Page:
Published Date: 2009-04-24 16:01:01
Subject: PRO/AH/EDR> Acute respiratory disease - Mexico, swine virus susp
Archive Number: 20090424.1546
ACUTE RESPIRATORY DISEASE - MEXICO, SWINE VIRUS SUSPECTED
A ProMED-mail post
ProMED-mail is a program of the
International Society for Infectious Diseases
Date: Thu 23 Apr 2009
Source: El Manana [in Spanish, trans. Mod. TY, edited]
At last 500 employees in the health sector in the Federal District have
been infected with influenza virus, announced Antonio Sanchez Arriaga,
secretary general of the National Independent Union of Health Workers. The
infection has now affected employees of the main public hospitals in the
caital, including the Juarez Hospital, the General Hospital and the
National Institute of Respiratory Diseases, and the hospitals in the
Tlalpan area, where the National Institute of Cardiology, the National
Institute of Nurtition and the Manuel Gea Gonzalez, as well as the Polanco
Red Cross, are located.
The union official indicated that the number of infected individuals could
triple this week if the necessary [preventive] health measures are not
taken. "This past Friday [17 Apr 2009] we realized that the disease [was
occurring] and we requested the the representatives in the various
hospitals submit reports of the illnesses, and we found that that the
infection had reached 500 of our fellow workers, " indicated Sanchez
Arriaga. The leader of the union said that the authorities are overwhelmed
by the presence of influenza in the hospitals and only palliative measures
have been implemented to try to prevent further infections.
"Now they are vaccinating us and giving permission for a week off of work
for the employees who are ill, but this has now turned into an epidemic and
we believe that this will continue this week and we could have more than
1500 cases," he said. Sanchez Arriaga declared that it is urgent to
vaccinate personnel who work in the areas of neonatology, pediatrics,
gynecology and respiratory diseases, since they are those who have thee
greatest possibility of spreading the disease in a high risk population.
[Byline: Imelda Garcia]
a healthcare consultant who requested anonymity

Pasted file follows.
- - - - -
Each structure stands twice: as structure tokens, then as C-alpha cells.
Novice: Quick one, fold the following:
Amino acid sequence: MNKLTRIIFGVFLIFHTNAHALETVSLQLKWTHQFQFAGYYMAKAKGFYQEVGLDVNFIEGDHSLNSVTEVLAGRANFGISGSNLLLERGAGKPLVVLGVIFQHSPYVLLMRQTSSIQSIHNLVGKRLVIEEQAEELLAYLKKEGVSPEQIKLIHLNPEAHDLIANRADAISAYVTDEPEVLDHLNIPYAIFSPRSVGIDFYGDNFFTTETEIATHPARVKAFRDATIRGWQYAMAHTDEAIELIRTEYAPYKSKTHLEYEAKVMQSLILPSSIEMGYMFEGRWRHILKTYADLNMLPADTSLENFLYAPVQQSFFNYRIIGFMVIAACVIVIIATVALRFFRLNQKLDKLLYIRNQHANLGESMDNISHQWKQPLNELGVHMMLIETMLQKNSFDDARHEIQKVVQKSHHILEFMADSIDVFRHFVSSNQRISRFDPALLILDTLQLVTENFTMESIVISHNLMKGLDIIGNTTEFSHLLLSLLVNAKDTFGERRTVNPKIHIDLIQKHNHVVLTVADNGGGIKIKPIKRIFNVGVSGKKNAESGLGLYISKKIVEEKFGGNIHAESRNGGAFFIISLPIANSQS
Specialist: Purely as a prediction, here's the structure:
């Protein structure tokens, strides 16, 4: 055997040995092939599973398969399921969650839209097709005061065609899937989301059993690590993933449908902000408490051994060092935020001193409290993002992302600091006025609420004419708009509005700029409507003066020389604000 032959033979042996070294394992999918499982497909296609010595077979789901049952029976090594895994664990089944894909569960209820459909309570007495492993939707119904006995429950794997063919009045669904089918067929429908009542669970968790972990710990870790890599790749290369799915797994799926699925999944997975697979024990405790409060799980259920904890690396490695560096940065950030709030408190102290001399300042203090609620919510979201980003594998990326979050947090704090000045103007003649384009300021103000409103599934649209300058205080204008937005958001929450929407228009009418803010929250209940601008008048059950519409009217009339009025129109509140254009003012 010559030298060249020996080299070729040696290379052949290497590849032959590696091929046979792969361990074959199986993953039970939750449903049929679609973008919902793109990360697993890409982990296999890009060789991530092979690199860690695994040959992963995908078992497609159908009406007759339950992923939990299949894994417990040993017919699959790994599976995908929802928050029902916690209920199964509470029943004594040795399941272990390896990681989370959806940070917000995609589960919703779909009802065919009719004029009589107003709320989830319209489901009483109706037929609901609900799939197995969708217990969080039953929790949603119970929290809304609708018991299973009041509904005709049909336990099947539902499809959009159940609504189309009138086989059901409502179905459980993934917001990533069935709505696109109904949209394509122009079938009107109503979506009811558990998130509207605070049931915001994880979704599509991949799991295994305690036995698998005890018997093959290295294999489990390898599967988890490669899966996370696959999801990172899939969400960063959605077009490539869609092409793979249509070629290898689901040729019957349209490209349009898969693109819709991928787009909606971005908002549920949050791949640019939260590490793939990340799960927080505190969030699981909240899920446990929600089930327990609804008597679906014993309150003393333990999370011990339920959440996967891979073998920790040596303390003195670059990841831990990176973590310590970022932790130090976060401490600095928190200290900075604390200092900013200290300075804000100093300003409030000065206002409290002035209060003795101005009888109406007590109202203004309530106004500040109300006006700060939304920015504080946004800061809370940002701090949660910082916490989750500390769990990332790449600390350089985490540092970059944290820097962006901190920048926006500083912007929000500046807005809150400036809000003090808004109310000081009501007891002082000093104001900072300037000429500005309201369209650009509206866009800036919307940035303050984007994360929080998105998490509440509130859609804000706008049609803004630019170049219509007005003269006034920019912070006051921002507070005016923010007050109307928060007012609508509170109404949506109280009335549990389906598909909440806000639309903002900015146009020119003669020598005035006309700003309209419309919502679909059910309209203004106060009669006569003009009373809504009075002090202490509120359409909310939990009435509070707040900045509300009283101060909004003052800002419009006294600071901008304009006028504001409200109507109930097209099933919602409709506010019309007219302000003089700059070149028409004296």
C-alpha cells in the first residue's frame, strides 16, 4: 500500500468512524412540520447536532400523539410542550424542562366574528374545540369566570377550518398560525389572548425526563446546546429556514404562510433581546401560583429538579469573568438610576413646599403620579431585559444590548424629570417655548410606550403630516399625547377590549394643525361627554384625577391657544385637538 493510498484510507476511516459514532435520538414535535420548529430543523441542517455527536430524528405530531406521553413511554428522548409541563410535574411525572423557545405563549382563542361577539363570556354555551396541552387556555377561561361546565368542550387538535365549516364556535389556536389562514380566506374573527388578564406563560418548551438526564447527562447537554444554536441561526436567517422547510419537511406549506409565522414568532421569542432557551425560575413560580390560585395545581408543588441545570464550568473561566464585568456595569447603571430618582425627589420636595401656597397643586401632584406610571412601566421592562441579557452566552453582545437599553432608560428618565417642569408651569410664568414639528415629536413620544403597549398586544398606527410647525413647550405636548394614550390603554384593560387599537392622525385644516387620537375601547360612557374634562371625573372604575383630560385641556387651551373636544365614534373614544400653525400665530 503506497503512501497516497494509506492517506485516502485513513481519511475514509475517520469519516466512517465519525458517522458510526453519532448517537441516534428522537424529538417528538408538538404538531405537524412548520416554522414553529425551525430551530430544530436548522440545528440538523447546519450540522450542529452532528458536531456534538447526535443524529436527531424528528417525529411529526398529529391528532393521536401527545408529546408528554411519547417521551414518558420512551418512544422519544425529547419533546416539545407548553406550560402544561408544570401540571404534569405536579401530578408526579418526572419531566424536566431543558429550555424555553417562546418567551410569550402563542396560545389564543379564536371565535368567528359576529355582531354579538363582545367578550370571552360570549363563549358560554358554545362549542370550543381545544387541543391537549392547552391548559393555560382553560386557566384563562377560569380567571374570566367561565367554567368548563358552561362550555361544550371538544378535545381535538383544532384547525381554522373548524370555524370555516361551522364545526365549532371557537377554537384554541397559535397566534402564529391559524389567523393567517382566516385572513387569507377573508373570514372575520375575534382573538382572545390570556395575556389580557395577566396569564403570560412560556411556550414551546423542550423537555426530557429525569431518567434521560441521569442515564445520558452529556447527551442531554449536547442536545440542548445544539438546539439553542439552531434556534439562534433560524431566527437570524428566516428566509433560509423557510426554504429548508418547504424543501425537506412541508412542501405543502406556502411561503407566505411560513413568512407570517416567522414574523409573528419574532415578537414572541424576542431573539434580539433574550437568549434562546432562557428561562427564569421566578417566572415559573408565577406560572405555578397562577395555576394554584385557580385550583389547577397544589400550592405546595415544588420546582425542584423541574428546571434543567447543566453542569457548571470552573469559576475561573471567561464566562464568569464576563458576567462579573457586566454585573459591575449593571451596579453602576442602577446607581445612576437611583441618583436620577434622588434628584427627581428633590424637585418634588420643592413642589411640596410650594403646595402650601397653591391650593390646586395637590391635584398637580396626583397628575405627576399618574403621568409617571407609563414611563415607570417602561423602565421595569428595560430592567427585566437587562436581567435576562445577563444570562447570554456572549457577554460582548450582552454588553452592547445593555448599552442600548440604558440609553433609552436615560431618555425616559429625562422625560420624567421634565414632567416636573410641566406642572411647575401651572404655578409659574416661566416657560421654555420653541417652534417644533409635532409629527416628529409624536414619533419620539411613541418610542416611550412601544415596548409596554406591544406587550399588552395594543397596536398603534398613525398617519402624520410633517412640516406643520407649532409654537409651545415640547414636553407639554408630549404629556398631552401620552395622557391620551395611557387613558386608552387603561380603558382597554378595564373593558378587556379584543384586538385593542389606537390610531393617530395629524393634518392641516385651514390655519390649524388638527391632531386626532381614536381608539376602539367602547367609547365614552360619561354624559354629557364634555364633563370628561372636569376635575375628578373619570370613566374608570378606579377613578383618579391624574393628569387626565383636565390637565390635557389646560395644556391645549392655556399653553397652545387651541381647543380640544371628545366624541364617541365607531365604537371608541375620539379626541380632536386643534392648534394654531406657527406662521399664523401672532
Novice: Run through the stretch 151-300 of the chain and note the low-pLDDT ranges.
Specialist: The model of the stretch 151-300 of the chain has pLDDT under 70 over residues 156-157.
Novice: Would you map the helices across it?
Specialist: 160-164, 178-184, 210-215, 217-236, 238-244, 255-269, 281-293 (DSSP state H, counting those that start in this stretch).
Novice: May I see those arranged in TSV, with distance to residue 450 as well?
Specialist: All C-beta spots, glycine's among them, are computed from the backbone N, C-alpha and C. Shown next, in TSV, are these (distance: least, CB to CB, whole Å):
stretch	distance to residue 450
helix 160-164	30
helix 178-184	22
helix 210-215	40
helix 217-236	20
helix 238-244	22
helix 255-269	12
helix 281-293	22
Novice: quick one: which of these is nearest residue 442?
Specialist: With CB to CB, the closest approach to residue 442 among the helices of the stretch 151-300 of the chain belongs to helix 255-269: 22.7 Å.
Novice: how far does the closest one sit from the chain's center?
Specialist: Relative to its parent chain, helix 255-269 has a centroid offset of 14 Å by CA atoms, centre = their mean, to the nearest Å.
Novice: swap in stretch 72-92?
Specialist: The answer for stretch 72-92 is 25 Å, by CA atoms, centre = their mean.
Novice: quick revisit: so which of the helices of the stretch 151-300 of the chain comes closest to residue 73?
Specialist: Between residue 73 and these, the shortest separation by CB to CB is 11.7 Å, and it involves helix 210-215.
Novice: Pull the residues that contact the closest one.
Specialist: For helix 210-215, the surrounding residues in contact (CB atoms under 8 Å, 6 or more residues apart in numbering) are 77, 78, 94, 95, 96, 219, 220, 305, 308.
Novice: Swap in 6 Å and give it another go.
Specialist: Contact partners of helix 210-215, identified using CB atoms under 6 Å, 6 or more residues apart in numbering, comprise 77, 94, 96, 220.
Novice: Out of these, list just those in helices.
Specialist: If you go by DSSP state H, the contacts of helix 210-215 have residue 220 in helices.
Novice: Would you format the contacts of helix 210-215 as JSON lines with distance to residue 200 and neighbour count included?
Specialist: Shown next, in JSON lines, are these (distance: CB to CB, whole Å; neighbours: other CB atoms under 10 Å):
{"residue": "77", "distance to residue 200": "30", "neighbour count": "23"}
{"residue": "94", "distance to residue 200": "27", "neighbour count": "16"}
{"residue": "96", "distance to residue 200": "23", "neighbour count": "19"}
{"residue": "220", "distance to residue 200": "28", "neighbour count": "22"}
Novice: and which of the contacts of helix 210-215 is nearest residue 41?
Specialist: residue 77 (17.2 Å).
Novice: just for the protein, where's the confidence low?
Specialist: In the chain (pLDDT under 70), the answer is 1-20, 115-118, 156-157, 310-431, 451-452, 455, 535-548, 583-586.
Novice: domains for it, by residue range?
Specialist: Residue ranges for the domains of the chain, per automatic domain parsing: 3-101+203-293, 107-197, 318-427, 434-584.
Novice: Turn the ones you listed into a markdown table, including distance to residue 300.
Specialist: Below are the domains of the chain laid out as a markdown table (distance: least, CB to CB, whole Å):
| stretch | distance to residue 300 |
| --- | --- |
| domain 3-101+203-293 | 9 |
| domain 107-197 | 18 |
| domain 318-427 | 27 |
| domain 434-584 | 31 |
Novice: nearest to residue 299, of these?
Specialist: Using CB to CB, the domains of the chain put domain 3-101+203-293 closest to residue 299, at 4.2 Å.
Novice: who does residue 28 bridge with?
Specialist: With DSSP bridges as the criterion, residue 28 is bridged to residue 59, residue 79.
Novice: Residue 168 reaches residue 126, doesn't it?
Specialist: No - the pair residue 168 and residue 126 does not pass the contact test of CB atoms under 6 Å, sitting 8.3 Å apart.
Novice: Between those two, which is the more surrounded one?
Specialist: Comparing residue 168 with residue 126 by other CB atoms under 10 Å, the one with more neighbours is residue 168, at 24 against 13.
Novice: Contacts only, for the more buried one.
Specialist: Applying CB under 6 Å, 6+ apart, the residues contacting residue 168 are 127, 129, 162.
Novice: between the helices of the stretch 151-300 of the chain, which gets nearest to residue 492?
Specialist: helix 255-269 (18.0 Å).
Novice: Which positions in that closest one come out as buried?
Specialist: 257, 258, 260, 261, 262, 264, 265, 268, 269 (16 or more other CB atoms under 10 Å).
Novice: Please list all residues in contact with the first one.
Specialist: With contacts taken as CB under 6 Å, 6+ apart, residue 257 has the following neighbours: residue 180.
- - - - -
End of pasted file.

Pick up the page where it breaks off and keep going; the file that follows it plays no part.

Date: Thu 23 Apr 2009
Source: Canada.com [edited]
Warning to travelers
Public health officials are on alert for flu-like symptoms among Canadians
who recently travelled to Mexico, following the outbreak of an illness in
that Latin American country that has killed 20 people. However, Ontario's
chief medical officer, Dr David Williams, told a news conference in Toronto
Thursday [23 Apr 2009] that no Canadians have been affected by the illness,
which has surfaced in south and central regions of the vacation hot spot.
"(Canada) hasn't had any cases directly tied to it yet, but it doesn't mean
we won't be vigilant looking for it," Williams said. "We will continue to
look, in case it has any remote connection. We want to see if we can
connect those dots correctly. As a precaution, public health authorities,
family physicians and hospitals across the country have been placed on high
alert to look for any unusual flu-like symptoms in patients. The
government's pandemic surveillance alert has also been increased to a state
of high vigilance, but Ottawa has not as yet issued a travel ban to Mexico.
It is warning prospective Canadian travellers to be vigilant and to take
"There is no evidence as of now, that the illness in Mexico (is) an illness
like SARS," said Dr Danielle Grondin, acting assistant deputy minister at
the Public Health Agency of Canada. "It is serious in Mexico but nothing in
Canada. At this point, there are no clusters of SRI [severe respiratory
illness] in Canada. There are no health concerns for Canadians." According
to Grondin, what is known so far of the illness is that it strikes healthy
people aged 25-44 years, and quickly worsens. A total of 137 people have
been struck by the virus.
A man from Cornwall, Ontario, who returned from Mexico with a mysterious
illness is believed to be one of a handful of people in Ontario who may be
linked to the respiratory ailment, provincial officials say. The 47 year
old man was airlifted to an Ottawa hospital in late March and admitted into
the hospital's intensive care unit, a hospital official said Thursday. He
spent 11 nights in hospital before being released on 9 Apr 2009. During a
news conference in Vancouver, Dr Danuta Skowronski of the British Columbia
(C) Centre for Disease Control said there have been reports of severe
flu-like illness in BC but so far none has been linked to Mexico. "We're
doing our best to keep people informed while our investigation is ongoing,"
added Skowronski, an epidemiologist specializing in influenza and
respiratory illness. The flu-like symptoms include fever, cough, general
aches and pains, and shortness of breath, which quickly progresses to
trouble breathing and severe respiratory illness, she said.
The affected areas of Mexico were Mexico City, San Luis Potosl, Oaxaca and